Students have opportunities to understand and learn about –

8LA1: listening and speaking as providing opportunities to examine issues, evaluate opinions, argue points, make judgements, build understanding and persuade others by using evidence and reasoning

Students have opportunities to learn to –

8LA5: listen and speak in discussions, conversation (about poetry)

ELA 9: The student reads effectively.

Students have opportunities to understand and learn about -

9LA5: how experiences created in texts can help readers to understand themselves and others, their own world and the wider world

9LA8: figurative language and imagery to express attitudes, evoke emotions and establish mood, and some techniques used in poetry

Students have opportunities to learn to –

9LA6: read and interpret imaginative texts (creative texts i.e. poetry)

9LA11: draw conclusions (and reflect) about major ideas in imaginative texts (poems)

ELA 10:The student writes effectively.

Students have opportunities to understand and learn about -

10LA1: how writers (poets) want readers to empathise with the ideas and emotions expressed or implied in their writing and select subject matter and language to try to position readers (to affect a response in a reader)

Students have opportunities to learn to –

10LA5 and 6: write an imaginative text (poem) that (in some way does some of the following) moves, informs and persuades, and contains personal, social and cultural ideas related to their own lives and communities and their views of the world

10LA8 and 10: structure an information text (an essay) with an introduction, a conclusion and order paragraphs to best support and sustain an argument

ELA 11: The student critically interprets and creates texts.

Students have opportunities to understand and learn about –

11LA3: how creators of texts (poets writing poems) select language and techniques to represent ideas (e.g. choose words and symbols with particular connotations; use imagery to establish mood and enhance ideas and feelings)

11LA8: the social justice implications of the ways in which people, places, events and objects are portrayed

Students have opportunities to learn to –

11LA15: create texts (a poem) that deal with ideas and issues where they would like to effect change or persuade a general or specific audience to change their point of view or take action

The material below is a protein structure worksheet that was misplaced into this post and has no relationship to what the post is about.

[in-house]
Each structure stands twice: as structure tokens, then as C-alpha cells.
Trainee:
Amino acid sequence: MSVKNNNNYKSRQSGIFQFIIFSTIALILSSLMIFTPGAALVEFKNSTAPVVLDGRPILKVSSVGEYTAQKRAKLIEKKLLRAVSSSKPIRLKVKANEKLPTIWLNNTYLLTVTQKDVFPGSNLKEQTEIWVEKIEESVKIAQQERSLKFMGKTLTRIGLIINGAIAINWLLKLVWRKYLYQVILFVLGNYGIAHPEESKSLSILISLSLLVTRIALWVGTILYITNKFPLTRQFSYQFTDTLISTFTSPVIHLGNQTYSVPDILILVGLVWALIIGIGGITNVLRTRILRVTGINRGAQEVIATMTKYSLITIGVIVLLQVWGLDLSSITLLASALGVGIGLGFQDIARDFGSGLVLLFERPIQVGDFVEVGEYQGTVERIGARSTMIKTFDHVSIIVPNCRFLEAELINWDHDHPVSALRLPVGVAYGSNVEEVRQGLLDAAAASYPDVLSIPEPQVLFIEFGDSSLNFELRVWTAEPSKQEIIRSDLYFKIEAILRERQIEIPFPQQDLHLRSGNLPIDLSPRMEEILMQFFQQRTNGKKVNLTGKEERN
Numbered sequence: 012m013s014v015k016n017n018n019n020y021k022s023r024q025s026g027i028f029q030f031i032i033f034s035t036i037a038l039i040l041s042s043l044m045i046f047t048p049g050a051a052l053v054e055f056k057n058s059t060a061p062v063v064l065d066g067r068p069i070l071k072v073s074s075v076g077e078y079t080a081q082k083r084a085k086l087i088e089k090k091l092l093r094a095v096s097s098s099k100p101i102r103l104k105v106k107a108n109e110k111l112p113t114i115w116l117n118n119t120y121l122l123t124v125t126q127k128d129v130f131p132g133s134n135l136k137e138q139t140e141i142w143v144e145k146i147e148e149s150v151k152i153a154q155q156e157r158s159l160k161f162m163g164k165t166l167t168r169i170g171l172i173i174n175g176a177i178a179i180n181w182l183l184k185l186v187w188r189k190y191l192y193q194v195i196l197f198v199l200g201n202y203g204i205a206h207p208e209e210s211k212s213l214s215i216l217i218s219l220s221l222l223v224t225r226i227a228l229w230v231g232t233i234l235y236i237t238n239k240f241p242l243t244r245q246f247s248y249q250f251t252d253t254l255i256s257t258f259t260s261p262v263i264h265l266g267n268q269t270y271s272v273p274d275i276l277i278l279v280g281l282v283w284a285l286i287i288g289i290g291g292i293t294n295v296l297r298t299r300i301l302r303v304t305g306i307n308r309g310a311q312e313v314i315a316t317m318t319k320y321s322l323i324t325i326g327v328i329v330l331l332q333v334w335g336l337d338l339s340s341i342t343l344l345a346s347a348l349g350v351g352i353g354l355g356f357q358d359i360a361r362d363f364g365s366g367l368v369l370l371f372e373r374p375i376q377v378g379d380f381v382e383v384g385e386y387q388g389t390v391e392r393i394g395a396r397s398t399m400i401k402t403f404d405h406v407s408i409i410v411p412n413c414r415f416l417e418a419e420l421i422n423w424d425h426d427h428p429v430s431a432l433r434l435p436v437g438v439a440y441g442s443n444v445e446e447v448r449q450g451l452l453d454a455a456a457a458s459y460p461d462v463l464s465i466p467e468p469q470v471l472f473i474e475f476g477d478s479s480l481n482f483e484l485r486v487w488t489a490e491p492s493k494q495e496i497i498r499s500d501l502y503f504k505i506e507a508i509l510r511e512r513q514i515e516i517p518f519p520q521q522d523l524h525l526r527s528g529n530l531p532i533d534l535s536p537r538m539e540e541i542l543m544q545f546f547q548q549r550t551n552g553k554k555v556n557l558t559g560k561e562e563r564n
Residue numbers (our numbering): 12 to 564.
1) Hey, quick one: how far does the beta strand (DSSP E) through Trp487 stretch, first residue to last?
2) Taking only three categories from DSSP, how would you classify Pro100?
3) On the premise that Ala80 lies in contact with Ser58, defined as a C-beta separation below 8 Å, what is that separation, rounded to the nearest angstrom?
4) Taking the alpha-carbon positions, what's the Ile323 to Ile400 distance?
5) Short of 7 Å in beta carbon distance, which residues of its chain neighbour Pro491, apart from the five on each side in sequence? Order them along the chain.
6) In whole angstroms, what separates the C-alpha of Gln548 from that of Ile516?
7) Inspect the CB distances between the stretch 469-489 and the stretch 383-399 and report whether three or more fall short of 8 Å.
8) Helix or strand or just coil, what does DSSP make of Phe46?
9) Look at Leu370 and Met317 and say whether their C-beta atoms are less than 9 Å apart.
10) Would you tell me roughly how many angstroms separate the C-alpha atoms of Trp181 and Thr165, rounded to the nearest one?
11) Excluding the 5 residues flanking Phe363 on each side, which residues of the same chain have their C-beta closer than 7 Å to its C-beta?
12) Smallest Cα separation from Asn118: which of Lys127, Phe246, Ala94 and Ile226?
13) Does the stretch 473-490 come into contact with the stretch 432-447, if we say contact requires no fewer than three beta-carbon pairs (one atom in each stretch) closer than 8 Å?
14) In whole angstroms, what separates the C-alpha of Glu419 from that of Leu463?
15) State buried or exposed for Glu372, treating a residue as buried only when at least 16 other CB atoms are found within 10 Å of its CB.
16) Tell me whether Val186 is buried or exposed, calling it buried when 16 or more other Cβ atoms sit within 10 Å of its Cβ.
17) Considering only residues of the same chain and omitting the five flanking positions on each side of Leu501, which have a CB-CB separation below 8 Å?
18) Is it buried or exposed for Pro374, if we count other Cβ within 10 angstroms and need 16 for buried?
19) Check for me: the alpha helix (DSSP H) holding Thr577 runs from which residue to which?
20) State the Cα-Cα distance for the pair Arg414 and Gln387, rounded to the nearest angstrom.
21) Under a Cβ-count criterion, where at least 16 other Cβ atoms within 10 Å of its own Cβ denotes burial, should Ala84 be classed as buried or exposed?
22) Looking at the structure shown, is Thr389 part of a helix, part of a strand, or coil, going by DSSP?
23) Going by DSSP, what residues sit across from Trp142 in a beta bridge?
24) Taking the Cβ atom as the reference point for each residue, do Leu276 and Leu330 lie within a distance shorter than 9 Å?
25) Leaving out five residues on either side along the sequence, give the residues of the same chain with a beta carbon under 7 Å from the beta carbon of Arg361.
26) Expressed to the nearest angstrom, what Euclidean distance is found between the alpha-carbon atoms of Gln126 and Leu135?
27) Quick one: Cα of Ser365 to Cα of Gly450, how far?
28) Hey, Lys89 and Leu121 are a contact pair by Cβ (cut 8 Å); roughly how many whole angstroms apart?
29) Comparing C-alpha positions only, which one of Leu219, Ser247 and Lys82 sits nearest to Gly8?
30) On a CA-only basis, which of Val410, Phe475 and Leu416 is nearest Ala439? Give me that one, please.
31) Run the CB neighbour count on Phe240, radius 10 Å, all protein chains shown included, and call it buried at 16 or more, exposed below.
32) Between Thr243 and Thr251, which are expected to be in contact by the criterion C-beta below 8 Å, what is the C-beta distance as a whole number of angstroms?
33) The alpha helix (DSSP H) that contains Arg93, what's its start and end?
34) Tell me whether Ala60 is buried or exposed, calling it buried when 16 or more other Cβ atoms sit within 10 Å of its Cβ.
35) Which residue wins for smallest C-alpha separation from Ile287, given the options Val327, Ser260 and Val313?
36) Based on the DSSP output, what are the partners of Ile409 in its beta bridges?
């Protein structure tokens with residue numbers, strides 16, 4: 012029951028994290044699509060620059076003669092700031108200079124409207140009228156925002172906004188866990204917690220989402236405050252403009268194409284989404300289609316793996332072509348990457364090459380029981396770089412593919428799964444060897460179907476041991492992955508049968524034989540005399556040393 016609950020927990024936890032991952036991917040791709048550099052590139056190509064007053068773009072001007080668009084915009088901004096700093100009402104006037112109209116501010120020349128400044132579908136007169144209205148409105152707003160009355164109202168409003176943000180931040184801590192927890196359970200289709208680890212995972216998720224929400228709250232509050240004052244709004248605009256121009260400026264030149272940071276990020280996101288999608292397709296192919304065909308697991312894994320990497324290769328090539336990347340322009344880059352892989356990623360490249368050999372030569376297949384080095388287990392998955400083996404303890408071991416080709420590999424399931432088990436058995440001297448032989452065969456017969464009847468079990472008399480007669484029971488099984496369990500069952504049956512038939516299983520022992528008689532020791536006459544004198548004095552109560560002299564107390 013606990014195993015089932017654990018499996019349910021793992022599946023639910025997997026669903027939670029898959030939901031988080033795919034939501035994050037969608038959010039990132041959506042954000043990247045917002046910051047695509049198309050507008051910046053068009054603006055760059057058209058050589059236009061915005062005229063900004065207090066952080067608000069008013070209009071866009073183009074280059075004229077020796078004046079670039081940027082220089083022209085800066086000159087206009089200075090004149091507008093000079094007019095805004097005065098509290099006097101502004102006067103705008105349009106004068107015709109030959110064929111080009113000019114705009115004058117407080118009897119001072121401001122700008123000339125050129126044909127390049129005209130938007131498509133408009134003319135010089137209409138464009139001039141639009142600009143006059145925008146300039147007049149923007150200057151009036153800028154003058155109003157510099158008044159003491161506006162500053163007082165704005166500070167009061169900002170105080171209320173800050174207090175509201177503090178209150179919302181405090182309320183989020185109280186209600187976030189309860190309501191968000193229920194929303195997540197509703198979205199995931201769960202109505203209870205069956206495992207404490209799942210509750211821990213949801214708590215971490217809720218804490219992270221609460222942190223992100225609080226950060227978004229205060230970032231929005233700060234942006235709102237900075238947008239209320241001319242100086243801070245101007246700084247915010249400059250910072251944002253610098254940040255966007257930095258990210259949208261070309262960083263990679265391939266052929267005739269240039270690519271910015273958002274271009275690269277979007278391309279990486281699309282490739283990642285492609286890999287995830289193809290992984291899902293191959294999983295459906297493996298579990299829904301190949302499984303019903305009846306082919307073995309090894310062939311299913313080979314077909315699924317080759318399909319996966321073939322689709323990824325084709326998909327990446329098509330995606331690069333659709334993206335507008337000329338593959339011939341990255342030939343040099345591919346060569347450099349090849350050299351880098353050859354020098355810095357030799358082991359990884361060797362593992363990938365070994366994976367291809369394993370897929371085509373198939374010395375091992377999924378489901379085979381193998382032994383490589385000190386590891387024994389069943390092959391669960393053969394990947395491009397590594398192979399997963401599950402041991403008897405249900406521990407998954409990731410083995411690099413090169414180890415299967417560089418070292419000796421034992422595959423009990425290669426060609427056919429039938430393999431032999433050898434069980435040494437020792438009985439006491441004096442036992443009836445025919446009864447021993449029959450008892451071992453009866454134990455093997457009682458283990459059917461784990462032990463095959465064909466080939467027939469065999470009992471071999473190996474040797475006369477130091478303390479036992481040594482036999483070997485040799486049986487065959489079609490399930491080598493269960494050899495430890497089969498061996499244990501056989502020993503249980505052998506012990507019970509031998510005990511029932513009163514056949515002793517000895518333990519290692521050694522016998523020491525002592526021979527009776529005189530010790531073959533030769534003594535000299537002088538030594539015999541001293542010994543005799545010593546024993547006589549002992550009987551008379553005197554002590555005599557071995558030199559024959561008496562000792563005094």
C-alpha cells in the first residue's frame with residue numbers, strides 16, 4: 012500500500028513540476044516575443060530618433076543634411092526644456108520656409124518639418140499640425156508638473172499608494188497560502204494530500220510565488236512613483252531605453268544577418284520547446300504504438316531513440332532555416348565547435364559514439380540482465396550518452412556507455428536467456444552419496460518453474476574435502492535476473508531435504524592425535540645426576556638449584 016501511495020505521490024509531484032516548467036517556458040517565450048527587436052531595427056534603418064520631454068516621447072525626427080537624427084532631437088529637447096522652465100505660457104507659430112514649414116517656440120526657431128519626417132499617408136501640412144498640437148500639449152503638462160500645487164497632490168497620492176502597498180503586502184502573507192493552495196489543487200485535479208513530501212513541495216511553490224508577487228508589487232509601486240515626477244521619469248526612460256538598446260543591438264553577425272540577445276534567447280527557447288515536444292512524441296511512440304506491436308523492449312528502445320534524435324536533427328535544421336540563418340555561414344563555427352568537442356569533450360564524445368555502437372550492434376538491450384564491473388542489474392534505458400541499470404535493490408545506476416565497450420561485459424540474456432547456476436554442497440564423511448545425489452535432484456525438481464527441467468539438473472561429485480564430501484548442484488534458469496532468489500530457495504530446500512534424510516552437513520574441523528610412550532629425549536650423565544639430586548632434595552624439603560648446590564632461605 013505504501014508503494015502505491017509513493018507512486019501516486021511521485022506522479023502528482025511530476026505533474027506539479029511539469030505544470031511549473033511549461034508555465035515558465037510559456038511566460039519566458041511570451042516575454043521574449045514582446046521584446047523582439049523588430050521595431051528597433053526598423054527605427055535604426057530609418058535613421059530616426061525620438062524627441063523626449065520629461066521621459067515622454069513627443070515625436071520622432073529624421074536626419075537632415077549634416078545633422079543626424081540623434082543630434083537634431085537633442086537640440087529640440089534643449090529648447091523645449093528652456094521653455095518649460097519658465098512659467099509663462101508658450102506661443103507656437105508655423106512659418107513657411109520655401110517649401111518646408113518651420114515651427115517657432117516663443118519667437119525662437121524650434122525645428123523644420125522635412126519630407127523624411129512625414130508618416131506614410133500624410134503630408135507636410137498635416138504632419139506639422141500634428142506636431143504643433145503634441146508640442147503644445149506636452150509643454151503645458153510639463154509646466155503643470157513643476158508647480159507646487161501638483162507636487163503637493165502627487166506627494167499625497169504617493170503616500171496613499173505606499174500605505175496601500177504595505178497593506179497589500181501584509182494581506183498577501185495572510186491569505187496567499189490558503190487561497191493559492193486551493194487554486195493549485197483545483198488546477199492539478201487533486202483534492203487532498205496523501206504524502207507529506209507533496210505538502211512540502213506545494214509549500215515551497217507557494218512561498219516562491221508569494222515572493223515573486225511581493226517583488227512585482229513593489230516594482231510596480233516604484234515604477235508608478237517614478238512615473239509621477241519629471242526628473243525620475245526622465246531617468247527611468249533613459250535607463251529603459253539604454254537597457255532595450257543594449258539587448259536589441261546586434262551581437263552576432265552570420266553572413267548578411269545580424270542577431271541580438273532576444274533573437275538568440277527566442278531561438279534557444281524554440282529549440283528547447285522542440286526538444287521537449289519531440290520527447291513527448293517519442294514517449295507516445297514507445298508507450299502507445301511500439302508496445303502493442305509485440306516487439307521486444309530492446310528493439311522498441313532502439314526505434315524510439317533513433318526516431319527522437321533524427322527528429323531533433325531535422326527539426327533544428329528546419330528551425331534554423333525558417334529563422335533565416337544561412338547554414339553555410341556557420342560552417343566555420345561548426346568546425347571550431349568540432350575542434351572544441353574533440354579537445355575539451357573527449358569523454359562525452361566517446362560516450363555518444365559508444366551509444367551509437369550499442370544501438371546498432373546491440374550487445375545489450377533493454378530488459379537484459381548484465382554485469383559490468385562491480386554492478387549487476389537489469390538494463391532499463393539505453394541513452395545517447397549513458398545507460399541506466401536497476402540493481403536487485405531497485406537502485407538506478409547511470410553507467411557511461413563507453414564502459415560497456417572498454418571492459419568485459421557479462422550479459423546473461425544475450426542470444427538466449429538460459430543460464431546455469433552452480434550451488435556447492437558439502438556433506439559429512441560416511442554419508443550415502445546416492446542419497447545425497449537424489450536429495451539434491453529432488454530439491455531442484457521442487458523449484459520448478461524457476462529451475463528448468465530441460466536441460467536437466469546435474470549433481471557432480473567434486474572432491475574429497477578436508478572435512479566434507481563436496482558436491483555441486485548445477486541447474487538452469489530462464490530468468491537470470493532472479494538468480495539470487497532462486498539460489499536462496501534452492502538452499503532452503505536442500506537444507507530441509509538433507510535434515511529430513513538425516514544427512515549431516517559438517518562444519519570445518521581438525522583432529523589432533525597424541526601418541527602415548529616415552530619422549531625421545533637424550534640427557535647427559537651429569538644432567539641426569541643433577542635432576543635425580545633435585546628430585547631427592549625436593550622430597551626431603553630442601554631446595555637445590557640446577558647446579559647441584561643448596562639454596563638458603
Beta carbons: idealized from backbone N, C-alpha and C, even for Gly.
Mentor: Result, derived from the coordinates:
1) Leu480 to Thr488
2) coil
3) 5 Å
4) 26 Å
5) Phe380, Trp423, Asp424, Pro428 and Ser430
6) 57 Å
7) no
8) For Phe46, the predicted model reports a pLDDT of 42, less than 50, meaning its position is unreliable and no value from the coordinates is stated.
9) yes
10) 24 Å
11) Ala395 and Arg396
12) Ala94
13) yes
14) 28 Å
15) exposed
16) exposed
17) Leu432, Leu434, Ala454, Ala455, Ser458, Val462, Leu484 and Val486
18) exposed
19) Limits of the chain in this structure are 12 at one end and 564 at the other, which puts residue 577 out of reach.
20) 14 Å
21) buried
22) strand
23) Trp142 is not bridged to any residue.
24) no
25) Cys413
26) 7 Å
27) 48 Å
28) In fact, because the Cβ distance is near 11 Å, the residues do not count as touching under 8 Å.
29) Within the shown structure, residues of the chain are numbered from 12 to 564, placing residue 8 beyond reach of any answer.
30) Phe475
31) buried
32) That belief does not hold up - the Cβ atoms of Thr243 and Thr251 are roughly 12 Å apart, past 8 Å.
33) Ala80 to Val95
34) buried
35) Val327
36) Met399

PROCESS – teaching and learning experiences

The assignment task is also the unit content. Significant lesson time is for students to read poems (similar to a wide reading program, but here there is wide reading of poems not novels). Therefore the teacher needs to have collected a great number of poetry books (mass loan from the library, plus one’s own anthologies), plus use any poetry text books available. An excellent resource is The Untamed Fire, poetry for secondary students edited by Sadler, Hayllar and Powell, published Macmillan Education Australian Pty Ltd, 1997.

Step 1 - TUNING IN: discuss with students what it means to ‘take issue’ with something, and what they think of the phrase ‘The pen is mightier than the sword’. Do they have any examples?

Note the following background information regarding the origins of saying - The Pen is Mightier Than the Sword – the idea, and similar ones, are not new:

The Greek poet Euripides, who died about 406 B.C. said, "The tongue is mightier than the blade."

In the Bible, in the Epistle to the Hebrews it reads: "Indeed, the word of God is living and effective, sharper than any two-edged sword, penetrating even between soul and spirit, joints and marrow, and able to discern reflections and thoughts of the heart.”

The Islamic prophet Muhammad is quoted as saying "The ink of the scholar is holier than the blood of the martyr".

In 1600 Shakespeare had Rosencrantz in Hamlet say that "... many wearing rapiers are afraid of goosequills." In 1621 Robert Burton wrote The Anatomy of Melancholy, in which he stated: "From this it is clear how much more cruel the pen may be than the sword." Thomas Jefferson, who in 1796 sent a letter to Thomas Paine in which he wrote: "Go on doing with your pen what in other times was done with the sword."

Who actually said the exact words? Edward Bulwer-Lytton. When: 1839

The story behind it: In Act II of Bulwer-Lytton's play Richelieu, Cardinal Richelieu learns of a plot against him contrived by a friend and confidant, the monk Joseph. Since as a priest he could not challenge the monk to physical combat, Richelieu issued a written statement which contains the following:

Beneath the rule of men entirely great,

The pen is mightier than the sword.